39 deaths were recorded in a period of 100 days in 2017. Cause of death – manual scavenging.
Despite the ongoing heated debates about the need to eliminate manual scavenging and adopt mechanised methods over the years, not much of what was written on paper has been translated into action.
As a result, the working conditions of sanitary workers remains unchanged across the country.
Often a derogatory practice confined to people belonging to the most backward castes, manual scavenging provides no precautionary or safety measures for its workers and poses health hazards that outweigh the meagre wages these workers get.
Despite passing laws like the Employment of Manual Scavenging and Construction of Dry Latrines (Prohibition) Act in 1993 (which was revised two decades later in 2013), manual scavenging continues to dig its claws into the social ecosystem of different parts of India.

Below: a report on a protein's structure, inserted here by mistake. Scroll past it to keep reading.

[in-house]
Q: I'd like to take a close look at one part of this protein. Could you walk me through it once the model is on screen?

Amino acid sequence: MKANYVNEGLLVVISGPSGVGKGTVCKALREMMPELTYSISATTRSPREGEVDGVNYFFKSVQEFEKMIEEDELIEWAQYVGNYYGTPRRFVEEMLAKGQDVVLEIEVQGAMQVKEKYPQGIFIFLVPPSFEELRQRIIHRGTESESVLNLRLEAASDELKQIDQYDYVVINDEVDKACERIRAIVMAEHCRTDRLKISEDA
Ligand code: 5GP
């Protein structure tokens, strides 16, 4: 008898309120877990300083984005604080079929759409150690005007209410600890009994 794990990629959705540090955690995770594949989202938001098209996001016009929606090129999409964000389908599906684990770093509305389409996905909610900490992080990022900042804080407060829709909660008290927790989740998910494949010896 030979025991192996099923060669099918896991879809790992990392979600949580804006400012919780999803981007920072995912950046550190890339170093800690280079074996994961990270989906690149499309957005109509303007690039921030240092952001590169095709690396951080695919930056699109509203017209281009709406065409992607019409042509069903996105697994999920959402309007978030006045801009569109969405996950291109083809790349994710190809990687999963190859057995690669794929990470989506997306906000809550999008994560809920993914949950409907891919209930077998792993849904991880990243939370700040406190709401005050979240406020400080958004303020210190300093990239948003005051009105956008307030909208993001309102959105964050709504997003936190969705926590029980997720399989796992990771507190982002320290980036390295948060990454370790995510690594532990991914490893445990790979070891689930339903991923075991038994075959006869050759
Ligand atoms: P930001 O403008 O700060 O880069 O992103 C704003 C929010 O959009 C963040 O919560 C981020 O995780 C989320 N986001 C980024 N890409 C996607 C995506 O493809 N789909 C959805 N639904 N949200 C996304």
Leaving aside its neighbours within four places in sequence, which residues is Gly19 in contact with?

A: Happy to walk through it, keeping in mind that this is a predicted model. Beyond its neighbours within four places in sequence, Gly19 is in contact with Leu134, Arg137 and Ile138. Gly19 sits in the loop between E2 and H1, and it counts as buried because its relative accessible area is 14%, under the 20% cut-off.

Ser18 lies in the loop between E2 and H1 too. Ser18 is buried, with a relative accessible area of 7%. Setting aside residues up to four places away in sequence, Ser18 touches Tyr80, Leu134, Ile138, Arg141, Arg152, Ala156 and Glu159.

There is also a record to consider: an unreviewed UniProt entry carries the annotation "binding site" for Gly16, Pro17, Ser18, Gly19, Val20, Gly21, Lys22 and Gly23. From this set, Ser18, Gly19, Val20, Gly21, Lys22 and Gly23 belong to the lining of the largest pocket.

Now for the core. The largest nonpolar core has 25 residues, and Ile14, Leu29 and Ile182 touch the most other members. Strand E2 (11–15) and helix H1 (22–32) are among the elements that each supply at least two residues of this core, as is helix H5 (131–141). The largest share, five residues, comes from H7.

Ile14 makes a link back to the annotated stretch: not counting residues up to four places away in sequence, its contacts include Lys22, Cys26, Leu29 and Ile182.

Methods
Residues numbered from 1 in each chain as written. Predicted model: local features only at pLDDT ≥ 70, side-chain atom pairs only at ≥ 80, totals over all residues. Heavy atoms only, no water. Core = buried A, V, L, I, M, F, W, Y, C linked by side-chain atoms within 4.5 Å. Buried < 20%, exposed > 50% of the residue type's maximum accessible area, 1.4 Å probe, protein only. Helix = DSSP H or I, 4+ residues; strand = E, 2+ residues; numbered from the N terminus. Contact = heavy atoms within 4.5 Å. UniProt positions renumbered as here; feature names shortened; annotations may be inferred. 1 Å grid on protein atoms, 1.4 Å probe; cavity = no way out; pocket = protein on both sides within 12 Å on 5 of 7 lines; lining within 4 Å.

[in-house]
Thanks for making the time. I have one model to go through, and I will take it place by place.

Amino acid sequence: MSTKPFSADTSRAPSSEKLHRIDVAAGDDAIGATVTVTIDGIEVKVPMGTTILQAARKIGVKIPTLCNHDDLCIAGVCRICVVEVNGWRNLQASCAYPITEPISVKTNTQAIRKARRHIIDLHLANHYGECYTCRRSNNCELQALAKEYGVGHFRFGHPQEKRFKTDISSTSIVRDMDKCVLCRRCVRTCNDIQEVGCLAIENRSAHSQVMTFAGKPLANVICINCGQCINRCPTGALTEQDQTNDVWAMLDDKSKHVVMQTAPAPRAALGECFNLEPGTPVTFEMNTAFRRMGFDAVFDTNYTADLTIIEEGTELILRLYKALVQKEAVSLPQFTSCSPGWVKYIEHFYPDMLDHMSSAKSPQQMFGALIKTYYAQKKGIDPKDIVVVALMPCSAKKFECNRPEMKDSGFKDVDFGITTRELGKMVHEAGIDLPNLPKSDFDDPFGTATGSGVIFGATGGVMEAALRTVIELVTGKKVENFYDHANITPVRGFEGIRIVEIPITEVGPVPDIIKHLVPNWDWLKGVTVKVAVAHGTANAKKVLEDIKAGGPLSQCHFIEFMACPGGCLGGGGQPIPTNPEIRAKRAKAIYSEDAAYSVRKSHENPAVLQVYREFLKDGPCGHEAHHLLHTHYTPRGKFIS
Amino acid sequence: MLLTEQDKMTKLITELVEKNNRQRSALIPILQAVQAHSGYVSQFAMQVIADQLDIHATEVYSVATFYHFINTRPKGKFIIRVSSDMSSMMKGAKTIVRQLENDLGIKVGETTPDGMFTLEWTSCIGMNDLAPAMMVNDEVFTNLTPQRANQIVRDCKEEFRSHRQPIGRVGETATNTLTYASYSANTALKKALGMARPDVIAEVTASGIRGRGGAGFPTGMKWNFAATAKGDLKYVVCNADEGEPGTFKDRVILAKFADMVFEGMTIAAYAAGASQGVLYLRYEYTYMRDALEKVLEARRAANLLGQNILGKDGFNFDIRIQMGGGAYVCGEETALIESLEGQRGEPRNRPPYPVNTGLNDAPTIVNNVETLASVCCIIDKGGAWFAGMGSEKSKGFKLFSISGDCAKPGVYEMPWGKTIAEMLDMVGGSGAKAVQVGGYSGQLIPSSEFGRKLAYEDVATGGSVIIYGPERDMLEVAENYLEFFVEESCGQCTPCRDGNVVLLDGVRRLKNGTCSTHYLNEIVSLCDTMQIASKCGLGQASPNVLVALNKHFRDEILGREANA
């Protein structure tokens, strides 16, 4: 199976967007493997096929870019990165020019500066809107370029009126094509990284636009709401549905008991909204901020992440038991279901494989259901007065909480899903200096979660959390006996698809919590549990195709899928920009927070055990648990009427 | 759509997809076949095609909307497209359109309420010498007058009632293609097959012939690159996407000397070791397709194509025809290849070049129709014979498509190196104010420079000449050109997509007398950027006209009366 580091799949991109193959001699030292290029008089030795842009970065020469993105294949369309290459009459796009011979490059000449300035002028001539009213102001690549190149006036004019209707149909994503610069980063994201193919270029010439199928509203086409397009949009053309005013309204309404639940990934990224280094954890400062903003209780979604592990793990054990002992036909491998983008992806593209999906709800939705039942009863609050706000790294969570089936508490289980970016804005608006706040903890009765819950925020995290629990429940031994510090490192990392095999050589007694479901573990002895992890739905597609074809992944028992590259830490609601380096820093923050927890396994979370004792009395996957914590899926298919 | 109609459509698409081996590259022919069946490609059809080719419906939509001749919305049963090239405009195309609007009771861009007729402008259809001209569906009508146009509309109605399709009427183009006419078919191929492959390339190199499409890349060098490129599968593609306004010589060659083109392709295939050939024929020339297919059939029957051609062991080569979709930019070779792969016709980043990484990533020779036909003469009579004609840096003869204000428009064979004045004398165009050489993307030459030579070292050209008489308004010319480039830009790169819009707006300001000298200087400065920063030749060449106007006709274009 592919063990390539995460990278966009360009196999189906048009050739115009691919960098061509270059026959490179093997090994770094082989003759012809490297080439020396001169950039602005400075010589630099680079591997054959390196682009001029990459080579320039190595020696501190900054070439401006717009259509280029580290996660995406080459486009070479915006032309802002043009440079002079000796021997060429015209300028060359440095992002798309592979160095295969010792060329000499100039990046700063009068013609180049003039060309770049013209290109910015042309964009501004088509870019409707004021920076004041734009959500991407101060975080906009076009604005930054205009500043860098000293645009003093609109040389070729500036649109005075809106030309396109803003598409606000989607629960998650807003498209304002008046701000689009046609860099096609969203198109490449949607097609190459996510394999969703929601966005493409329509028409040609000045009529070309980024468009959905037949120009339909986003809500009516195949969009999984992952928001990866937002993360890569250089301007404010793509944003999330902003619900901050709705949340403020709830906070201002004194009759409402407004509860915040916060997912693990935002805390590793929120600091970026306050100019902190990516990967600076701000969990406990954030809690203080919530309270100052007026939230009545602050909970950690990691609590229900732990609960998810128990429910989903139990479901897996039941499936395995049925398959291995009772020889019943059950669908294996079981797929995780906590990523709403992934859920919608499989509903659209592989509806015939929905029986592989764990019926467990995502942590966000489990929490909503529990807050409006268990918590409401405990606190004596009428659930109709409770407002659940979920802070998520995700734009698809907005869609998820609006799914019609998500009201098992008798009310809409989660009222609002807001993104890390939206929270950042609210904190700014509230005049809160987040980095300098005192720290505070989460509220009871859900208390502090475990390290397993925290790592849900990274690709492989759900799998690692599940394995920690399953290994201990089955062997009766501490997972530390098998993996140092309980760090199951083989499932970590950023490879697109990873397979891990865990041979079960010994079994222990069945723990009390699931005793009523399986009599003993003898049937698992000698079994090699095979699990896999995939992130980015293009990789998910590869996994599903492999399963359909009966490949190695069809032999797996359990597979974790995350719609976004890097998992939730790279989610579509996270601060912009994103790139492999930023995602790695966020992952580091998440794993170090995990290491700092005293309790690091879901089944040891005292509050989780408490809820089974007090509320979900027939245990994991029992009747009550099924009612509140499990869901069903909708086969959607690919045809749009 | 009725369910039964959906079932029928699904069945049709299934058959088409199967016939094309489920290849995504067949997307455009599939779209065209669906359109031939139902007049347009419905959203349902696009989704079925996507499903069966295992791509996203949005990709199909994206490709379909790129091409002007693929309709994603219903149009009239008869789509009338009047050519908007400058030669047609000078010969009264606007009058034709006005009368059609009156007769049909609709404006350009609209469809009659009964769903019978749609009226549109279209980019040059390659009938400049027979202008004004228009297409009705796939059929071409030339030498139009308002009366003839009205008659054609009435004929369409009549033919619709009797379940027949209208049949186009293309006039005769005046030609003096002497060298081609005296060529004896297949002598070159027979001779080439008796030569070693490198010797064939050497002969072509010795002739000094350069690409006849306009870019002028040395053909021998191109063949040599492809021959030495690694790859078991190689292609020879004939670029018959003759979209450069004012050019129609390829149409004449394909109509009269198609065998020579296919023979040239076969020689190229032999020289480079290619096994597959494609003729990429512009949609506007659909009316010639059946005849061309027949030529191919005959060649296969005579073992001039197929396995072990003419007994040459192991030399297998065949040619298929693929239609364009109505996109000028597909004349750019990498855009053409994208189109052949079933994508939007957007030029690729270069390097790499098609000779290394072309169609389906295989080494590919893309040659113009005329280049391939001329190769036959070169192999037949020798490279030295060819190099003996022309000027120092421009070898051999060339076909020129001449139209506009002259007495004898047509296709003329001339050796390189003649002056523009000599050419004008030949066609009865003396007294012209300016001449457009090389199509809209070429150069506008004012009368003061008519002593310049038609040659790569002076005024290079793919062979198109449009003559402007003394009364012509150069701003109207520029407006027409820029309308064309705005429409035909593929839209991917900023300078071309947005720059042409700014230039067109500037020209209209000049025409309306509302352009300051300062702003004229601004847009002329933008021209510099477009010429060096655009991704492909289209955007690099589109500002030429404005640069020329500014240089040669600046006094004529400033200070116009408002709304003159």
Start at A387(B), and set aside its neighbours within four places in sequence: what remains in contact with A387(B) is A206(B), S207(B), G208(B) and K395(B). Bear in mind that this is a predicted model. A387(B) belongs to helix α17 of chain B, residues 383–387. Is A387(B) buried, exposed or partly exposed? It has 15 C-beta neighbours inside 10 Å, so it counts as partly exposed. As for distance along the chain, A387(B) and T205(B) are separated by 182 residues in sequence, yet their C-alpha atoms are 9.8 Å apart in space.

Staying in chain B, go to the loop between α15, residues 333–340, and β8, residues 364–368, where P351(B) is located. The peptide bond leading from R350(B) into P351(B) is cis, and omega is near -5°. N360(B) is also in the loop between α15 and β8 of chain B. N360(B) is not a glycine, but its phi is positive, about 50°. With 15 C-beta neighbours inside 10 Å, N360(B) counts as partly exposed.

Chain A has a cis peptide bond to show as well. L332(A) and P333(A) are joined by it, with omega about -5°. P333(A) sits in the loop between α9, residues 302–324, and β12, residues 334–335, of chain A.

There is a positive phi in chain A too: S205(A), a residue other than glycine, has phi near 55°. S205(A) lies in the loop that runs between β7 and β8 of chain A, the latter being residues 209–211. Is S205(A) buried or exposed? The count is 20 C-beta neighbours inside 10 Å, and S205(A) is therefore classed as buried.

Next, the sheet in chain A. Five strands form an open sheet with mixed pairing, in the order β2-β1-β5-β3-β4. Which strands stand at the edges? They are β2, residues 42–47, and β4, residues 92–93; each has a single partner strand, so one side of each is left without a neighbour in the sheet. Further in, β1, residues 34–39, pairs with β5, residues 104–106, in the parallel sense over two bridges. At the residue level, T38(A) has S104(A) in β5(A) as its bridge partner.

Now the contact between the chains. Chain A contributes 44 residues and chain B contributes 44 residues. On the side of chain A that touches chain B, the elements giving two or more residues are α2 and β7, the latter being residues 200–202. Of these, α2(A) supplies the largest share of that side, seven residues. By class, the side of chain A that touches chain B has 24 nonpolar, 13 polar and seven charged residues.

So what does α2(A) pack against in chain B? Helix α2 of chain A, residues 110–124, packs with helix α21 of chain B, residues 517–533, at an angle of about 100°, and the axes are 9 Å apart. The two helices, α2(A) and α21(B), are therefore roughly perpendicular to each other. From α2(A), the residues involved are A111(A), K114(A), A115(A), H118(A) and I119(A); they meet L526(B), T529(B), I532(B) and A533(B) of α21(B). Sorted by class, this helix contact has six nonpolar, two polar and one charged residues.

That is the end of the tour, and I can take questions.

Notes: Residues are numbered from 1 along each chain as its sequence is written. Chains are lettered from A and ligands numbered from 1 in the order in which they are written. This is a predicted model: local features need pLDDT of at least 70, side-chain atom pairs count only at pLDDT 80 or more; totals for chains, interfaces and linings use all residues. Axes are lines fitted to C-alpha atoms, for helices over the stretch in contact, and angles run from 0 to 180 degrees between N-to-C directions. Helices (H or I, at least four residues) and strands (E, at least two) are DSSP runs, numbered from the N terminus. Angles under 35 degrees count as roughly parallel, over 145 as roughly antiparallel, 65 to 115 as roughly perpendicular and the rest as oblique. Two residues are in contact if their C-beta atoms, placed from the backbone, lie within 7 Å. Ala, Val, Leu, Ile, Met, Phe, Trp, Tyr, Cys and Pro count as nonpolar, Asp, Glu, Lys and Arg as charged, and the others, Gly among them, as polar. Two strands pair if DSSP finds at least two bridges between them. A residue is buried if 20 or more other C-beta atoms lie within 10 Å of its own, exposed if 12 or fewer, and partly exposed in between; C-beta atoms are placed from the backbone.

But Kerala has decided to put an end to the inhuman practice for good. Soon, robots will be seen replacing humans in cleaning sewers in Kerala.
Developed by Genrobotics, Bandicoot is a low-cost robot with four limbs that comes with a bucket attached to a spider web-like extension. This robot will make its way into a manhole, scoop out waste and collect it in a bucket. It comes with a screen, a camera, WiFi and Bluetooth.
The Kerala Water Authority (KWA) and Kerala Startup Mission(KSUM) have signed a MoU on Thursday for transfer of technology and products, to use the robots, reported The Times of India.
The MoU was signed between Kerala Water Innovation Zone at the chief minister’s office, the report said.
The Bandicoots will start their operations by cleaning sewer holes in Thiruvananthapuram in March during the Attukal Pongala festival.
Genrobotics’ project, funded by KSUM, through its innovation aims to put an end to manual scavenging.